"In Germany, they first came for the communists, and I didn't speak up because I wasn't a communist. Then they came for the Jews, and I didn't speak up because I wasn't a Jew. Then they came for the trade unionists, and I didn't speak up because I wasn't a trade unionist. Then they came for the Catholics and I didn't speak up because I wasn't a Catholic. Then they came for me–and by that time there was nobody left to speak up."
—Martin Niemöller (1945) [he served seven years in a concentration camp]
“You know, most men would get discouraged by now. Fortunately for you, I am not most men!”"The point of the Fourth Amendment, which often is not grasped by zealous officers, is not that it denies law enforcement the support of the usual inferences which reasonable men draw from evidence. Its protection consists in requiring that those inferences be drawn by a neutral and detached magistrate instead of being judged by the officer engaged in the often competitive enterprise of ferreting out crime."
---Pepé Le Pew
—Johnson v. United States, 333 U.S. 10, 13-14 (1948)
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Category Archives: Third Party Doctrine
S.D.N.Y.: IP information does not provide anywhere near the “granular” detail that CSLI or GPS information does, so SW not required
IP information does not provide anywhere near the “granular” detail that CSLI or GPS information does, so a search warrant is not required. United States v. Kidd, 2019 U.S. Dist. LEXIS 114627 (S.D. N.Y. July 11, 2019) (citing United States … Continue reading
There is no reasonable expectation of privacy in a police interview room. Defendant had been Mirandized and left alone in the room, knowing he was not free to leave, and told he was a suspect in a crime. He made … Continue reading
PA: ID made as a result of warrantless search suppressed, but that which was seen before may be testified to
An officer’s identification made wholly as a result of a warrantless search renders that identification tainted and inadmissible. If, however, eyewitness identification of a defendant occurred prior to illegal conduct by law enforcement may be admissible, if based on observations … Continue reading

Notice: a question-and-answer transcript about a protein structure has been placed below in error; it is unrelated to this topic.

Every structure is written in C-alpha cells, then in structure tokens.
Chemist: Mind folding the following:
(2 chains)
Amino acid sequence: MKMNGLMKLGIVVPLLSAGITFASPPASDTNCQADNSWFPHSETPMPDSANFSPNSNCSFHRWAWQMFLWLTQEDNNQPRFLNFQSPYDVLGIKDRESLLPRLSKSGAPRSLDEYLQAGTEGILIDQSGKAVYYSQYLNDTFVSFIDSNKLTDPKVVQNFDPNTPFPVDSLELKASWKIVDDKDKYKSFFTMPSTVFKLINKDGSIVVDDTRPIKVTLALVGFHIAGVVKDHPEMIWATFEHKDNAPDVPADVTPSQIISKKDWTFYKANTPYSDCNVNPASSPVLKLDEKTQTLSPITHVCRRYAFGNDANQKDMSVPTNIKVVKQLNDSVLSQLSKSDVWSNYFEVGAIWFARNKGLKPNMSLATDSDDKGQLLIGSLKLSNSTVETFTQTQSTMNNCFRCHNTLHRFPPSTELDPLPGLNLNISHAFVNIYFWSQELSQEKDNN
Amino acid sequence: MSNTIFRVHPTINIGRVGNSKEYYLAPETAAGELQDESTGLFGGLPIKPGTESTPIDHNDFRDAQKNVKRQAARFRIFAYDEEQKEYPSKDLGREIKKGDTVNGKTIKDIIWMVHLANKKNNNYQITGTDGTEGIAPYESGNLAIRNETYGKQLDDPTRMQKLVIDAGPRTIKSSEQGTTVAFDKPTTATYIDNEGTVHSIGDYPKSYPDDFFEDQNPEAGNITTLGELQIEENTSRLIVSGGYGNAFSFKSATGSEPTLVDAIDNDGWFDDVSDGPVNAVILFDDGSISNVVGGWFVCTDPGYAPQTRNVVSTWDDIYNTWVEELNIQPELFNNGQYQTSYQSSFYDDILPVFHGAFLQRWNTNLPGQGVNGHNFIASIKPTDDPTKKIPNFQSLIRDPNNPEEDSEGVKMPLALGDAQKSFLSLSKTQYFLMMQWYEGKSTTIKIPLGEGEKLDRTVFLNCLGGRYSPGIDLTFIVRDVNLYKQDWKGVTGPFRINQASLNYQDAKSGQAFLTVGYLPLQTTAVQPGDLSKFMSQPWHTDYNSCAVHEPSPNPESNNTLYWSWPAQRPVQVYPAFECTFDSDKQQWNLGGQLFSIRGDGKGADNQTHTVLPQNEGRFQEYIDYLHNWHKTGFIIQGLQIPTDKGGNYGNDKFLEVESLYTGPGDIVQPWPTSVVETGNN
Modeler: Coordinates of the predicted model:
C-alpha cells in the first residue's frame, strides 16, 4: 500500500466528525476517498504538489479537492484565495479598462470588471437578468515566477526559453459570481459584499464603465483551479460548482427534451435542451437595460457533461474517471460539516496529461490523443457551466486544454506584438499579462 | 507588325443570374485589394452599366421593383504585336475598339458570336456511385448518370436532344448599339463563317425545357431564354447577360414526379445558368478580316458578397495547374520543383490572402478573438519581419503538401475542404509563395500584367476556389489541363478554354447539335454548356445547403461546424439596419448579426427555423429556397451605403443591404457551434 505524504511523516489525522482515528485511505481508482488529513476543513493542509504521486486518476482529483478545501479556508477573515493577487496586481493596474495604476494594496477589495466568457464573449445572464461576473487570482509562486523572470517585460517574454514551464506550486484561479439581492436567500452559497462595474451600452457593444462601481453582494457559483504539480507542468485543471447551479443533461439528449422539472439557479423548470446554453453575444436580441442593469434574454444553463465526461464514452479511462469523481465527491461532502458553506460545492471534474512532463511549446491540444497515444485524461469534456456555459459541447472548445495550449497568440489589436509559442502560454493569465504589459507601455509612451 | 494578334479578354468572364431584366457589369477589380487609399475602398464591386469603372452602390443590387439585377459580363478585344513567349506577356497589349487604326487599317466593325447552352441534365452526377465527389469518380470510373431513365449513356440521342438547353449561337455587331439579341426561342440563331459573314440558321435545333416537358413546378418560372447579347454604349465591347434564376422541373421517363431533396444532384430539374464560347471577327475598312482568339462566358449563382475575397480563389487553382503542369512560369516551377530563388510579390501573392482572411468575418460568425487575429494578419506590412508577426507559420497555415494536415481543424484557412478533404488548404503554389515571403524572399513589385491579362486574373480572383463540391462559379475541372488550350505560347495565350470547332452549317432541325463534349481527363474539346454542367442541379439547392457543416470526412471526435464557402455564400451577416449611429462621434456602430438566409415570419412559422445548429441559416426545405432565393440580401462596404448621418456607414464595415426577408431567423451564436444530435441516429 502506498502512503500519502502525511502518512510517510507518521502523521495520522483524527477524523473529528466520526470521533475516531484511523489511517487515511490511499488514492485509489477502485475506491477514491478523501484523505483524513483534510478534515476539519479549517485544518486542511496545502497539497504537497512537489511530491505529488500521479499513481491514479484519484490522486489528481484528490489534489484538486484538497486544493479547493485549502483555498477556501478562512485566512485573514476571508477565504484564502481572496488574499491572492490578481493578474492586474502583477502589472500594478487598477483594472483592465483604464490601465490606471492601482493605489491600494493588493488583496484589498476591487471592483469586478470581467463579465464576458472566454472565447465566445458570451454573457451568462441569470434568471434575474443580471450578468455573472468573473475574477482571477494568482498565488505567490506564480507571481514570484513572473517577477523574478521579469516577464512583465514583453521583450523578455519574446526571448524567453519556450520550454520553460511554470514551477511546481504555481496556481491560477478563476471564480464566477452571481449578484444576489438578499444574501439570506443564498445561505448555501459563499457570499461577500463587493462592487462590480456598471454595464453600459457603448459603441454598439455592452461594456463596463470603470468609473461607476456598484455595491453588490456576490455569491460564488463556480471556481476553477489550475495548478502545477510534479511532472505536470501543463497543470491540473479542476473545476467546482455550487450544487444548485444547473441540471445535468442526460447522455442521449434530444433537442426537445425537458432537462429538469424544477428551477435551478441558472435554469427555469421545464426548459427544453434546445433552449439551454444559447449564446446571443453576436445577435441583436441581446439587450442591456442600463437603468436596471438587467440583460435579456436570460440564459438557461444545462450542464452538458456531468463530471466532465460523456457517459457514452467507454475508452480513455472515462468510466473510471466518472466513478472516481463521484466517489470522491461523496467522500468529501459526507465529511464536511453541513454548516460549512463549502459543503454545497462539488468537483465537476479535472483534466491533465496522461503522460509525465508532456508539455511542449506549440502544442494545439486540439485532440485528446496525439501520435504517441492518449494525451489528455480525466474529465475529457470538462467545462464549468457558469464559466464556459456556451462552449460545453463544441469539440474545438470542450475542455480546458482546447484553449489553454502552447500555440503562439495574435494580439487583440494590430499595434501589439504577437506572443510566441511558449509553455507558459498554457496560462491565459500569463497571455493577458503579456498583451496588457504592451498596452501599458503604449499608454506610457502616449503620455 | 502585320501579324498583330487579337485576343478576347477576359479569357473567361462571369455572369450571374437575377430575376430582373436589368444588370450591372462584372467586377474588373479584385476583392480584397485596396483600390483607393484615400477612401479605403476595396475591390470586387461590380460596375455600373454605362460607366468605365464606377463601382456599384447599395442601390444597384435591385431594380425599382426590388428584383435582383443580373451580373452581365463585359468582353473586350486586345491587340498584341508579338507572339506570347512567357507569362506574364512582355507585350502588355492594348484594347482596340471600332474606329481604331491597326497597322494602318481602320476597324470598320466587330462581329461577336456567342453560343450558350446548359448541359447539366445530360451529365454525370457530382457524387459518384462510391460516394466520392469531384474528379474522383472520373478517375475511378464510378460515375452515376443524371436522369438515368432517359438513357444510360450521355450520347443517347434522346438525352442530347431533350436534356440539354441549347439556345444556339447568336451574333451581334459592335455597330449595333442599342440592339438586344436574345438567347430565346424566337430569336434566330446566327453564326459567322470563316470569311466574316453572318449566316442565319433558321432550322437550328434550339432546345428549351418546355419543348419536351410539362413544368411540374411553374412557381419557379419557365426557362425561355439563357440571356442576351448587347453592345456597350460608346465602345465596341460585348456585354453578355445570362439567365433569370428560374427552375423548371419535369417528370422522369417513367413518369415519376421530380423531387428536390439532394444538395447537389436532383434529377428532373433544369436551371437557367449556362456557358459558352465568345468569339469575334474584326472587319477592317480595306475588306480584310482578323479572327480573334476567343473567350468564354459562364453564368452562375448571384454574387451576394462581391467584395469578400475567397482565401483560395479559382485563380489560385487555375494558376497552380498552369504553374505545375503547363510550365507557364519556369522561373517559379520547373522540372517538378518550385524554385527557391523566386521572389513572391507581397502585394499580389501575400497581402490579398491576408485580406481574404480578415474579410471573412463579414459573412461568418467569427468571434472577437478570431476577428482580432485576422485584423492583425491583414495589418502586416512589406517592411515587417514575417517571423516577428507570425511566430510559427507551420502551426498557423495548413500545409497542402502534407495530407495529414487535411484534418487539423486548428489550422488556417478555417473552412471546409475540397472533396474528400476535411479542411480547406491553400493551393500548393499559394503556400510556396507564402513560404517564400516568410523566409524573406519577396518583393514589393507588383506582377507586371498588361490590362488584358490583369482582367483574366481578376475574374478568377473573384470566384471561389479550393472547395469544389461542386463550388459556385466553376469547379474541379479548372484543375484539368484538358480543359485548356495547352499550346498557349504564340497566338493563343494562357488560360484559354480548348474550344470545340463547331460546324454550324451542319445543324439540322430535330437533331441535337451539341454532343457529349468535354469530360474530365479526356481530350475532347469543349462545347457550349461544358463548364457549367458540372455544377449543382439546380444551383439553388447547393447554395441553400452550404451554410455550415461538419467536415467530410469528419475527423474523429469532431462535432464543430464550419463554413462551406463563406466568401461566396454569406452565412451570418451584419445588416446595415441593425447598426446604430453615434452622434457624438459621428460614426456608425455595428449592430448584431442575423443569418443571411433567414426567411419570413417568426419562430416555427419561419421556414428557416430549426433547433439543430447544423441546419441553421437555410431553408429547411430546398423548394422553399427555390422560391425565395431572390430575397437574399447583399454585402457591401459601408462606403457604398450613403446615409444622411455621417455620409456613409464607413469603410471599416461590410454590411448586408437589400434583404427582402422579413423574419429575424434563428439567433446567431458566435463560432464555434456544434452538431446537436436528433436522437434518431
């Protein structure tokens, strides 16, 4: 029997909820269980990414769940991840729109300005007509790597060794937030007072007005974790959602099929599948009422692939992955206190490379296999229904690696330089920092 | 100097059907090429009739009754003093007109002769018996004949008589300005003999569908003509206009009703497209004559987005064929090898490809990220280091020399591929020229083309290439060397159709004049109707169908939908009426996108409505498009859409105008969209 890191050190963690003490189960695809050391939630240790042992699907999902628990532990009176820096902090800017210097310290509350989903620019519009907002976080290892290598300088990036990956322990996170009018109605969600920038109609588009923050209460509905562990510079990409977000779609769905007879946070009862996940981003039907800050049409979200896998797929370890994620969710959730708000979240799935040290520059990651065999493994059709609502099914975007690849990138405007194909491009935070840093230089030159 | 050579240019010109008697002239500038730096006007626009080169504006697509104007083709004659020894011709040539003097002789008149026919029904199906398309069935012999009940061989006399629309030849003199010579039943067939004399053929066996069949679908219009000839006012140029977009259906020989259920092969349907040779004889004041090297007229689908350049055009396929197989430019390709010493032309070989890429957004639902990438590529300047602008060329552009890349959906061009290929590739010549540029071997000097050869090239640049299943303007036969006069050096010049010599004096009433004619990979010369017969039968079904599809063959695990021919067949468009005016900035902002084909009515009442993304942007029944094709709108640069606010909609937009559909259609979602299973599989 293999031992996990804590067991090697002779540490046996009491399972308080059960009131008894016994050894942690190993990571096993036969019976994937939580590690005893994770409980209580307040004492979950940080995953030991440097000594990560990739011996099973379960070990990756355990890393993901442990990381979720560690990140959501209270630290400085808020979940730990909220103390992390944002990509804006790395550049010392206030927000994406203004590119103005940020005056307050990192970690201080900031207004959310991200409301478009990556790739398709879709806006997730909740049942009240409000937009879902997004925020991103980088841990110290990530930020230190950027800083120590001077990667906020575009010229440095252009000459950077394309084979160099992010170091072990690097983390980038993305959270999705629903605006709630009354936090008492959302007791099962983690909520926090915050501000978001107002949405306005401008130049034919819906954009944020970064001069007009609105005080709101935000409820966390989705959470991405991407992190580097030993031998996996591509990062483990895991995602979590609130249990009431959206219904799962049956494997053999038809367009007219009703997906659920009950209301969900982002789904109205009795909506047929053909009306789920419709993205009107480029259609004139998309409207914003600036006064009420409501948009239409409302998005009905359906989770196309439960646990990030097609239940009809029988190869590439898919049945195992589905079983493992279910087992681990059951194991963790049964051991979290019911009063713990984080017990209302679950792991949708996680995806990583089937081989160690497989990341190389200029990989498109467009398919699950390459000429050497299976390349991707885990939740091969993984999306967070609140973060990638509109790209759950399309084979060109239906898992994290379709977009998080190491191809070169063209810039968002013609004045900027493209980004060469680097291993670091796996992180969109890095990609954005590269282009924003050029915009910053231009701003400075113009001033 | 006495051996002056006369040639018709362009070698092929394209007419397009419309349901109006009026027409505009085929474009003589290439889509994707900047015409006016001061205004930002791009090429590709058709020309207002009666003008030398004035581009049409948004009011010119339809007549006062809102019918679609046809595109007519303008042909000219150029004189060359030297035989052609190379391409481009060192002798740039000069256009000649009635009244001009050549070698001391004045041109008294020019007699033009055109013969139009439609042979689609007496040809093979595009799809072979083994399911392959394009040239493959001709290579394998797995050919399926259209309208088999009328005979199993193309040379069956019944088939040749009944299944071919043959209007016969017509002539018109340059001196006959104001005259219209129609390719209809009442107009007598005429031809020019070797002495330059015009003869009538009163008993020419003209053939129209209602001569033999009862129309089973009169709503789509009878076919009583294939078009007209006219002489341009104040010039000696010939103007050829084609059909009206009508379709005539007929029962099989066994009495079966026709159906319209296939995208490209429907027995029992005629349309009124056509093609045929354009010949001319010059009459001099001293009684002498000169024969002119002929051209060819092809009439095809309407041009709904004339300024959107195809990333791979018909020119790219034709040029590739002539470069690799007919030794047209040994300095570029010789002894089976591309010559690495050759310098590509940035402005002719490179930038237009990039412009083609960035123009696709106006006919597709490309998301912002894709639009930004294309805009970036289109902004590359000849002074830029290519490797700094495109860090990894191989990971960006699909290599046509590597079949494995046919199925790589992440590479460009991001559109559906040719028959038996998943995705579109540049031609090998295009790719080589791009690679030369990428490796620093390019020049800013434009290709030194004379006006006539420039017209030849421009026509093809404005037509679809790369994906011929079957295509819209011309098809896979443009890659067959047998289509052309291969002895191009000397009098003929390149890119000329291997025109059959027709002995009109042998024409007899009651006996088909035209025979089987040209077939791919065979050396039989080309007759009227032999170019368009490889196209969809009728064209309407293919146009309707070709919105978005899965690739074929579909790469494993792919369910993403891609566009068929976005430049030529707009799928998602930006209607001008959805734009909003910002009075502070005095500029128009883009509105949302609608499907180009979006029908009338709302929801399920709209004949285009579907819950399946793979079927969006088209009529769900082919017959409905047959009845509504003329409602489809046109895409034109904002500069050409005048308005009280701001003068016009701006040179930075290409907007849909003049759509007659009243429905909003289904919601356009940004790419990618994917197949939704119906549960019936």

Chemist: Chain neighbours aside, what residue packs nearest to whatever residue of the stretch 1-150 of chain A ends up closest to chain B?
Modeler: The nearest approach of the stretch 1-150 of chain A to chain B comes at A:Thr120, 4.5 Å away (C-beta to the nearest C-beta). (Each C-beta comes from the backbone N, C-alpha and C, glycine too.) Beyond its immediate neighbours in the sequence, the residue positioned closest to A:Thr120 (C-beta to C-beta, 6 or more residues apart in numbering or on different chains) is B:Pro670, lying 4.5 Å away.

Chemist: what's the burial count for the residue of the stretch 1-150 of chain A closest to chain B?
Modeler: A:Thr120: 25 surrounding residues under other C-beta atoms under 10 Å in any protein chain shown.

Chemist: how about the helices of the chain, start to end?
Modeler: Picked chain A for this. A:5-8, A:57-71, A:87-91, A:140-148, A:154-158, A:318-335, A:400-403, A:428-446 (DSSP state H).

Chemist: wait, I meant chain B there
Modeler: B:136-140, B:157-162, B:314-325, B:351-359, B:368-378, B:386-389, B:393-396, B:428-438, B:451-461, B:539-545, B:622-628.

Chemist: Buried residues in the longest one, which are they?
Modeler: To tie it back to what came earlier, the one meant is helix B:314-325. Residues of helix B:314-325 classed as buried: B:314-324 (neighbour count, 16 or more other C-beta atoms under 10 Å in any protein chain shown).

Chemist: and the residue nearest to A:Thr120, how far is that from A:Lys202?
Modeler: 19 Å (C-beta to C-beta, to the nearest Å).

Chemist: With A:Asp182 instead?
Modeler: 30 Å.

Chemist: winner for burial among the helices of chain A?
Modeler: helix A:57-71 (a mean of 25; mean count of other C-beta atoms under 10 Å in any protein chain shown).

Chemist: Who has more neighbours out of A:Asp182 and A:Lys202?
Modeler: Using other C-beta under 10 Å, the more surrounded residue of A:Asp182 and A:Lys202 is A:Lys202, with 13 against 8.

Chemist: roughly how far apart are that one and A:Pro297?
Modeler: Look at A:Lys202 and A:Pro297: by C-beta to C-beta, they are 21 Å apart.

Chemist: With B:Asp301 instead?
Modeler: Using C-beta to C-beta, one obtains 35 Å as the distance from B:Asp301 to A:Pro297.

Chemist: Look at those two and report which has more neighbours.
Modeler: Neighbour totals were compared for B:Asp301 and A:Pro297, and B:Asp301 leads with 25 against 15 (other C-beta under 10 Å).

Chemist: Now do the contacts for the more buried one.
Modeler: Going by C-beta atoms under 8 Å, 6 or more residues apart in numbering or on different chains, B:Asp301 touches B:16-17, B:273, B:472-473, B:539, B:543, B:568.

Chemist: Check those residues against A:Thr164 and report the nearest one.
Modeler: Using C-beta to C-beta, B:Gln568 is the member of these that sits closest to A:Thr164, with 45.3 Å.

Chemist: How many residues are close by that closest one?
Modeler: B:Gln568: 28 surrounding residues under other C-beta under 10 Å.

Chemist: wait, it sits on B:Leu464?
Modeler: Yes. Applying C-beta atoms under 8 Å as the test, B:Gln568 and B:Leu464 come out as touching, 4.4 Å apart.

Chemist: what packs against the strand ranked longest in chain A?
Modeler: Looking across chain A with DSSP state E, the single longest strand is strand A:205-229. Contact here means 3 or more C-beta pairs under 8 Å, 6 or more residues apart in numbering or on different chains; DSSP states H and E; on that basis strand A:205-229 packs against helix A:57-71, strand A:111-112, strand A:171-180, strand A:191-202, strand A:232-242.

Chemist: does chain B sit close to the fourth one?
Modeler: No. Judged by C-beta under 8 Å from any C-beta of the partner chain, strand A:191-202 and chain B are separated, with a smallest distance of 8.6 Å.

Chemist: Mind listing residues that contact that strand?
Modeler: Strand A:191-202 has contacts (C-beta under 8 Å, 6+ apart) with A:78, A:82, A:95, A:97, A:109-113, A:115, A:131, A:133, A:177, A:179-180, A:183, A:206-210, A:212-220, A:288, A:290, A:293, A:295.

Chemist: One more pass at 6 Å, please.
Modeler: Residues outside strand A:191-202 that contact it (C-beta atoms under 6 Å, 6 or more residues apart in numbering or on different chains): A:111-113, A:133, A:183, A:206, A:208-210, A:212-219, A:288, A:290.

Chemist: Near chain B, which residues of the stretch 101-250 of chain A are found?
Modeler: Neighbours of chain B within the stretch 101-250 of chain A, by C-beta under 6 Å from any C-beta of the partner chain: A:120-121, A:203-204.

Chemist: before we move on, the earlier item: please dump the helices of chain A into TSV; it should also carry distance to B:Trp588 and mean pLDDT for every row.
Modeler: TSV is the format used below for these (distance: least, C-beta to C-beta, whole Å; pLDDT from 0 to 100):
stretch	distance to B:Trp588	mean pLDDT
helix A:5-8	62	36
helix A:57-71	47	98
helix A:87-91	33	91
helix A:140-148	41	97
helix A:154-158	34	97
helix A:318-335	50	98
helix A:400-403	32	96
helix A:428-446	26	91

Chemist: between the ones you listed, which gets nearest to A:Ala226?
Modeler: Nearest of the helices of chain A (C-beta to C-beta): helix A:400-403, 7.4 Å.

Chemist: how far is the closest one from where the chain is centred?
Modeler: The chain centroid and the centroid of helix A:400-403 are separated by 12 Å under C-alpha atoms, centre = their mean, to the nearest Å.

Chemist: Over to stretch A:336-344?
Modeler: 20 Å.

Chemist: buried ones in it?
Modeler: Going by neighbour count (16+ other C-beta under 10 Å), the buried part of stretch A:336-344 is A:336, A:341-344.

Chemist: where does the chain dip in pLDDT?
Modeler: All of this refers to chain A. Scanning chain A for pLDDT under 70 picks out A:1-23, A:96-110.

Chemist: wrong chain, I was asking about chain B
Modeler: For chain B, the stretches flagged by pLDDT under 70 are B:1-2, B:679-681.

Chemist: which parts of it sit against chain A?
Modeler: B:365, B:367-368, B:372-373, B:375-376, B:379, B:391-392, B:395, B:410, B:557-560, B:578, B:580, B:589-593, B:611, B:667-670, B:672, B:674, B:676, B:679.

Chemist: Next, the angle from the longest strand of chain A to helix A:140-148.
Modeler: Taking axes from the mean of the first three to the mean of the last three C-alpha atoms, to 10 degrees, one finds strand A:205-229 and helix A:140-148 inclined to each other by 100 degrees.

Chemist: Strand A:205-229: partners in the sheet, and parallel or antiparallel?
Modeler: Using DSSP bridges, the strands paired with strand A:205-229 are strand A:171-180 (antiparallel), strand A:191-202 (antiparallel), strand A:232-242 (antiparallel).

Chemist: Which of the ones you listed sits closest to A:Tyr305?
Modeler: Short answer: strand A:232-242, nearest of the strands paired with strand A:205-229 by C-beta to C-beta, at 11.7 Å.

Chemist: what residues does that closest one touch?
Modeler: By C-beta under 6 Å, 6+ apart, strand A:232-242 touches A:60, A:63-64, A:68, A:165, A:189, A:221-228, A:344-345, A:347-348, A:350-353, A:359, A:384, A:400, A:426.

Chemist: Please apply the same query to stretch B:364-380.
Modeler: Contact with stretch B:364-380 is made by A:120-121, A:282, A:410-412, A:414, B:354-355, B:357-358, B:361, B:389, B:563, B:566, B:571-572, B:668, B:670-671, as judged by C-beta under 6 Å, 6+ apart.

Conservative HQ: Obama-Appointed Judge Allows Democrats To Subpoena Trump Business Records [a 2019 political take on the third-party doctrine]; opinion
Conservative HQ: Obama-Appointed Judge Allows Democrats To Subpoena Trump Business Records. In a ruling that should chill the heart of every American who values his Fourth Amendment rights, Obama-appointed DC District Court Judge Amit Mehta has refused to quash a … Continue reading
Defendant’s cell phone was pinged based on exigency. Defendant claims that it was false. “However, the salient facts on which Sgt. O’Rourke based his request are clearly borne out by the evidence.” United States v. Andrews, 2019 U.S. Dist. LEXIS … Continue reading
Law.com: ‘Carpenter’ Squared: Review and Reconcile State Court Cases Impacted by Landmark SCOTUS Decision
Law.com: ‘Carpenter’ Squared: Review and Reconcile State Court Cases Impacted by Landmark SCOTUS Decision by Peter A. Crusco In his Cyber Crime column, Peter A. Crusco writes: Now that the initial dust raised by ‘Carpenter’ has settled, it is illuminating … Continue reading
First Circuit again holds that IP information is third party information not governed by Carpenter. United States v. Morel, 2019 U.S. App. LEXIS 11457 (1st Cir. Apr. 19, 2019):
IP information is not governed by Carpenter. “Obtaining information from Kik, Sprint, and Comcast did not allow law enforcement to track Defendant Jenkins’s physical location over an extended period. At most, it allowed them a lead in identifying him — … Continue reading
Defendant “fails to demonstrate that he had a legitimate expectation of privacy in the communications he voluntarily delivered to unknown third parties using Google and Craigslist.” State v. Demark, 2019 Mo. App. LEXIS 446 (Apr. 2, 2019). The search warrant … Continue reading
The government used an emergency application for user data from the Kik app after learning that defendant was allegedly sending child pornography to children through it. The information was nowhere near the quality and intrusiveness of the information in Carpenter, … Continue reading
techdirt: Utah Senate Passes Bill That Would Lock The Government Out Of Warrantless Access To Third Party Records
techdirt: Utah Senate Passes Bill That Would Lock The Government Out Of Warrantless Access To Third Party Records by Tim Cushing: Perhaps no state has unrolled and rolled up a welcome mat set out for a federal guest faster than … Continue reading
In AirBnB’s case against NYC, the city gets discovery of some of AirBnB’s customer records because it is third-party information subject to disclosure at least to determine the extent of an expectation of privacy. AirBnB, Inc. v. City of New … Continue reading